KIGALI, Rwanda (AP) _ Fifty members of a Christian sect that believes local elections mark the end of the world were reportedly arrested Tuesday, but Rwanda's first vote since its 1994 genocide was peaceful elsewhere.

Overcoming the divisions that fostered a 90-day slaughter of minority Tutsis by majority Hutus in 1994, Rwandans voted for candidates to choose 14 local representatives.

The election began Monday, but was delayed in some areas because of torrential rains.

Authorities arrested 50 members of the religious sect in Mutura, 60 miles northwest of Kigali, the private Rwanda News Agency said. They were charged with disrupting the vote. The name of the religious group was not given.

Voting continued without problem in other parts of the country, said Protease Musoni, secretary-general of the Ministry of Local Government. Some 3.5 million eligible voters took part. Rwanda has a population of 7.2 million.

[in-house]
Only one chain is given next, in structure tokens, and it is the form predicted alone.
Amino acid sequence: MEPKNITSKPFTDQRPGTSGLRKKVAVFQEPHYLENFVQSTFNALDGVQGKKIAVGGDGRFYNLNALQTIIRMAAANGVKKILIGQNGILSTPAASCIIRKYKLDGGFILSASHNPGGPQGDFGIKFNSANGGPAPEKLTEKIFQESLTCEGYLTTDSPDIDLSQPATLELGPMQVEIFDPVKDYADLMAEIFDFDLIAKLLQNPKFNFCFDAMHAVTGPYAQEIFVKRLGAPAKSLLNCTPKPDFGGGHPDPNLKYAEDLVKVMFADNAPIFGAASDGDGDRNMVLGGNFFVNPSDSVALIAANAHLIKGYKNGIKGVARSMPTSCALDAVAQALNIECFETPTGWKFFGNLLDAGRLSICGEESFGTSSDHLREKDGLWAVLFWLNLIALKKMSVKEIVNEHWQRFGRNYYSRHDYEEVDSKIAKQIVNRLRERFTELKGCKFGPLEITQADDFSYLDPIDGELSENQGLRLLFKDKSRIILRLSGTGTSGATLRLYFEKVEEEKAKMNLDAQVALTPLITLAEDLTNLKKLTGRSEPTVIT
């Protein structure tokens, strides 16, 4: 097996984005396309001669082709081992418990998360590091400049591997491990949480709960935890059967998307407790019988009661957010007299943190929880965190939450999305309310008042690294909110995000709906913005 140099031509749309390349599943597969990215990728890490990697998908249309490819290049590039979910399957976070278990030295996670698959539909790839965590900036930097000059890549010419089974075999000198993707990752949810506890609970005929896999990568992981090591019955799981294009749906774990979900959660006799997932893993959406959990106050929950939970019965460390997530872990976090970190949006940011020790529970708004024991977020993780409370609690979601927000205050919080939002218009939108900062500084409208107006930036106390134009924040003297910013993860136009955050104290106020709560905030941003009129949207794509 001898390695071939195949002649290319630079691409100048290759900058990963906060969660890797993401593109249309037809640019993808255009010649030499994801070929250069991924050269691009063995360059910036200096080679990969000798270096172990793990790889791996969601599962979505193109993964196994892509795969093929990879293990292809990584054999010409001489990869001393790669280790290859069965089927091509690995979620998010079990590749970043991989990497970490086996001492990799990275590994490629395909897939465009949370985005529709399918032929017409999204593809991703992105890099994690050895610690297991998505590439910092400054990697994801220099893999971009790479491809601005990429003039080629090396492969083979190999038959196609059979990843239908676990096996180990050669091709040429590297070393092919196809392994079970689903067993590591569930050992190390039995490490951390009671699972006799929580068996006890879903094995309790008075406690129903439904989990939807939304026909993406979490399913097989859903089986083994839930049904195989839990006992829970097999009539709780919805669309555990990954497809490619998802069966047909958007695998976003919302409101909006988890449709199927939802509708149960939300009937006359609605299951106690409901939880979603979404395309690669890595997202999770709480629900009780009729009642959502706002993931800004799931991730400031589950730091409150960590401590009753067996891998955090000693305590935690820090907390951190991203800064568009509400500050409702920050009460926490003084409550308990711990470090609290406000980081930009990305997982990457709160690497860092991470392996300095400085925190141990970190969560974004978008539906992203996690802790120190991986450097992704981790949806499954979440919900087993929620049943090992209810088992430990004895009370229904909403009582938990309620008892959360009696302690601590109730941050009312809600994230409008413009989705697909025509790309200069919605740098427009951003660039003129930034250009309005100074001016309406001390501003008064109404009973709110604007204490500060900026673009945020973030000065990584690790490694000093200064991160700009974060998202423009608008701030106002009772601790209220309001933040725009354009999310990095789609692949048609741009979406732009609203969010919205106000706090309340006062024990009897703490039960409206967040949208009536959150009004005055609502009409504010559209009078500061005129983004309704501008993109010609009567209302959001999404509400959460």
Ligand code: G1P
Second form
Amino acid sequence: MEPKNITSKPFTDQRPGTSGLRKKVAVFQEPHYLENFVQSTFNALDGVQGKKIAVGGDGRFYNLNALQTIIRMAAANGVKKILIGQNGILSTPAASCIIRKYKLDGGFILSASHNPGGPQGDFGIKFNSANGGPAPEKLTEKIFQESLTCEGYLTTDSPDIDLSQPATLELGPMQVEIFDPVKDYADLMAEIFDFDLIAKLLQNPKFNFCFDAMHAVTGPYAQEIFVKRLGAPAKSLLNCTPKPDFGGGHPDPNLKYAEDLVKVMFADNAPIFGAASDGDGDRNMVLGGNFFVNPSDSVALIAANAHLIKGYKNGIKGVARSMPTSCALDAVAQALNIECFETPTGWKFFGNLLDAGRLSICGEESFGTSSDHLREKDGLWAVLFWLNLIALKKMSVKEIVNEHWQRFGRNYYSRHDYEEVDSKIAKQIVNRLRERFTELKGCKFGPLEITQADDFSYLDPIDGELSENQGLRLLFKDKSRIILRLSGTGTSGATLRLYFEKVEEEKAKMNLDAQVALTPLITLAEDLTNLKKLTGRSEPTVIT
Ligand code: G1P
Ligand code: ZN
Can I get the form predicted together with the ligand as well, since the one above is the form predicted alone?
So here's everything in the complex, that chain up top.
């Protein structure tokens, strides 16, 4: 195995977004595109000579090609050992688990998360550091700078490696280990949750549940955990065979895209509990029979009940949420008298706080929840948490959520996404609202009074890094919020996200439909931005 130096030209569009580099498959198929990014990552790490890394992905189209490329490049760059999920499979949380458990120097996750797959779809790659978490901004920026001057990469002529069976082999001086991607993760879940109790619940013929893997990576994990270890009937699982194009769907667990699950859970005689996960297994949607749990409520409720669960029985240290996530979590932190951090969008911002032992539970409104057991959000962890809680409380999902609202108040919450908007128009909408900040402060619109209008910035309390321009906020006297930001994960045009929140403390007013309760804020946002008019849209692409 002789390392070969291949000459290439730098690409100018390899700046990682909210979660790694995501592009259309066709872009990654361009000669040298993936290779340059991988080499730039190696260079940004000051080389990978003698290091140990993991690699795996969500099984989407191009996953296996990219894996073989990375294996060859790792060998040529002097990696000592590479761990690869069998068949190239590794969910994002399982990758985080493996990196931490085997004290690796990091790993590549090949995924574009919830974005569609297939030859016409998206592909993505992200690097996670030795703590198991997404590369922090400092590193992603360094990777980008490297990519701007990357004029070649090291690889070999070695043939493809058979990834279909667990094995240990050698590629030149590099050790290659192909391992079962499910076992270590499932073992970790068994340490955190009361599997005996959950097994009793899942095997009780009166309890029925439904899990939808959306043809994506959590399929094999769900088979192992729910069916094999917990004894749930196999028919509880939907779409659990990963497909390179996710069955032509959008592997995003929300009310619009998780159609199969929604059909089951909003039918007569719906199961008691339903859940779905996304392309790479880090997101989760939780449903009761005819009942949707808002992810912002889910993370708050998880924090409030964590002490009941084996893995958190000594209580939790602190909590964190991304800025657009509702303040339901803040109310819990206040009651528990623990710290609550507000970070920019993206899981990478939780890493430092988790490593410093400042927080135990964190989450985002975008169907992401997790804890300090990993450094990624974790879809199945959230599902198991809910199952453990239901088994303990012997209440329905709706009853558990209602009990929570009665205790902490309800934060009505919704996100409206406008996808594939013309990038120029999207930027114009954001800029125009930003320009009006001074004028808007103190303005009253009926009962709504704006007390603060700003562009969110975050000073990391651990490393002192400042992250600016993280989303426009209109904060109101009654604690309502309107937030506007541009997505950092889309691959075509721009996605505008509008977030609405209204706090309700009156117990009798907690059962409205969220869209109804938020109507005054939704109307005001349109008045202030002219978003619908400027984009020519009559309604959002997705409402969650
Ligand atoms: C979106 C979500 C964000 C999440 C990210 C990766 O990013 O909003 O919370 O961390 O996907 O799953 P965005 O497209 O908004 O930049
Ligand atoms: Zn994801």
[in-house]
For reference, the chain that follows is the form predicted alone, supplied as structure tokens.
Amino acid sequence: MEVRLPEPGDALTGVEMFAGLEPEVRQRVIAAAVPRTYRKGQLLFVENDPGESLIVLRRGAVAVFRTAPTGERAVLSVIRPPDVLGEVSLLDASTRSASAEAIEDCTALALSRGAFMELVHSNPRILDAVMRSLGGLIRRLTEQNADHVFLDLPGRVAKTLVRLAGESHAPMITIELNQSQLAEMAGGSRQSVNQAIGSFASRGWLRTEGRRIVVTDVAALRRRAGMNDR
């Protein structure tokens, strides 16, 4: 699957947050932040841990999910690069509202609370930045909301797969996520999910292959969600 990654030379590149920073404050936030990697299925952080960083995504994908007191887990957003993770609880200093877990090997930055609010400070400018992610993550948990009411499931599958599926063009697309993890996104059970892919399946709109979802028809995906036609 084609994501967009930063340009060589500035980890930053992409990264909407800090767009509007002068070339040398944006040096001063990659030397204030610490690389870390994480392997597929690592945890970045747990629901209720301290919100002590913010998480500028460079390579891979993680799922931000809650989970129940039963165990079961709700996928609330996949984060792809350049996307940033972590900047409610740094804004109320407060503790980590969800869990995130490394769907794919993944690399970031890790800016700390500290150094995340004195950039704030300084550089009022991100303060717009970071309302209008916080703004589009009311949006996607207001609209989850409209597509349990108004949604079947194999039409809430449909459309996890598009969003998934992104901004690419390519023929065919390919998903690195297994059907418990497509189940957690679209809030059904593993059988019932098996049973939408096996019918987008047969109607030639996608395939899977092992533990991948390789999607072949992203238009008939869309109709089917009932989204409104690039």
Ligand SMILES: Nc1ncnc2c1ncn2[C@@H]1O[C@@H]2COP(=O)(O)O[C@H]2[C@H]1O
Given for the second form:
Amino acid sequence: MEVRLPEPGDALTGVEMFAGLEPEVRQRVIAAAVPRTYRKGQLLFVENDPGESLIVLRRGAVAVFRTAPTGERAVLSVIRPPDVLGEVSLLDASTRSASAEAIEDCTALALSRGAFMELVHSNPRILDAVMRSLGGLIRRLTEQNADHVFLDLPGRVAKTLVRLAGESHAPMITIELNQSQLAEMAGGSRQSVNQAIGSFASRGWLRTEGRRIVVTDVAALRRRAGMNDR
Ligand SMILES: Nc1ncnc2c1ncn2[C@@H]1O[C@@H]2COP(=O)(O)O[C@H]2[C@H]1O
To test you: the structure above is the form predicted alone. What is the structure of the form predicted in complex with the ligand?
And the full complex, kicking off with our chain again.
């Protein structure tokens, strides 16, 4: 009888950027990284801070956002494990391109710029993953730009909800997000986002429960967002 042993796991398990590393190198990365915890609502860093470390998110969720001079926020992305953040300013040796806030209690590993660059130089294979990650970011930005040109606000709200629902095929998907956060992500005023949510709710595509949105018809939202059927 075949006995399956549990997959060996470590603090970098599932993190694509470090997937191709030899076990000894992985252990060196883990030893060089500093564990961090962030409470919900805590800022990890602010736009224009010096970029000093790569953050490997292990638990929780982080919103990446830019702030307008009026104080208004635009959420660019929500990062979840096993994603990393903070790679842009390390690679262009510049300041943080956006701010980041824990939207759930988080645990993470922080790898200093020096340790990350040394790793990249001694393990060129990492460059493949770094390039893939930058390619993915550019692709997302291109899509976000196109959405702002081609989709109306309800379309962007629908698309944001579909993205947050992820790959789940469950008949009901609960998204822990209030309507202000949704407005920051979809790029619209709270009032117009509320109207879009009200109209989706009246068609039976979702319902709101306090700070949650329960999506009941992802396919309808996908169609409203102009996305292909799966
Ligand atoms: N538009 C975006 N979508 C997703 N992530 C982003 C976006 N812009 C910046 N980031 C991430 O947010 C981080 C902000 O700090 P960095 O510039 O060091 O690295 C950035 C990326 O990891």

The representatives will handle tax collection, pay teachers and doctors and administer health and education in their home areas.

The government hopes the electoral process will foster grassroots democracy and reconciliation among the majority Hutus and minority Tutsis and will shift attention toward rebuilding this Central African country.

Mutura Mayor Joseph Mpumoro told the news agency that 50 sect members were detained after they urged voters to leave the polling station, warning them the world was coming to an end.

Musoni could confirm only one arrest was made.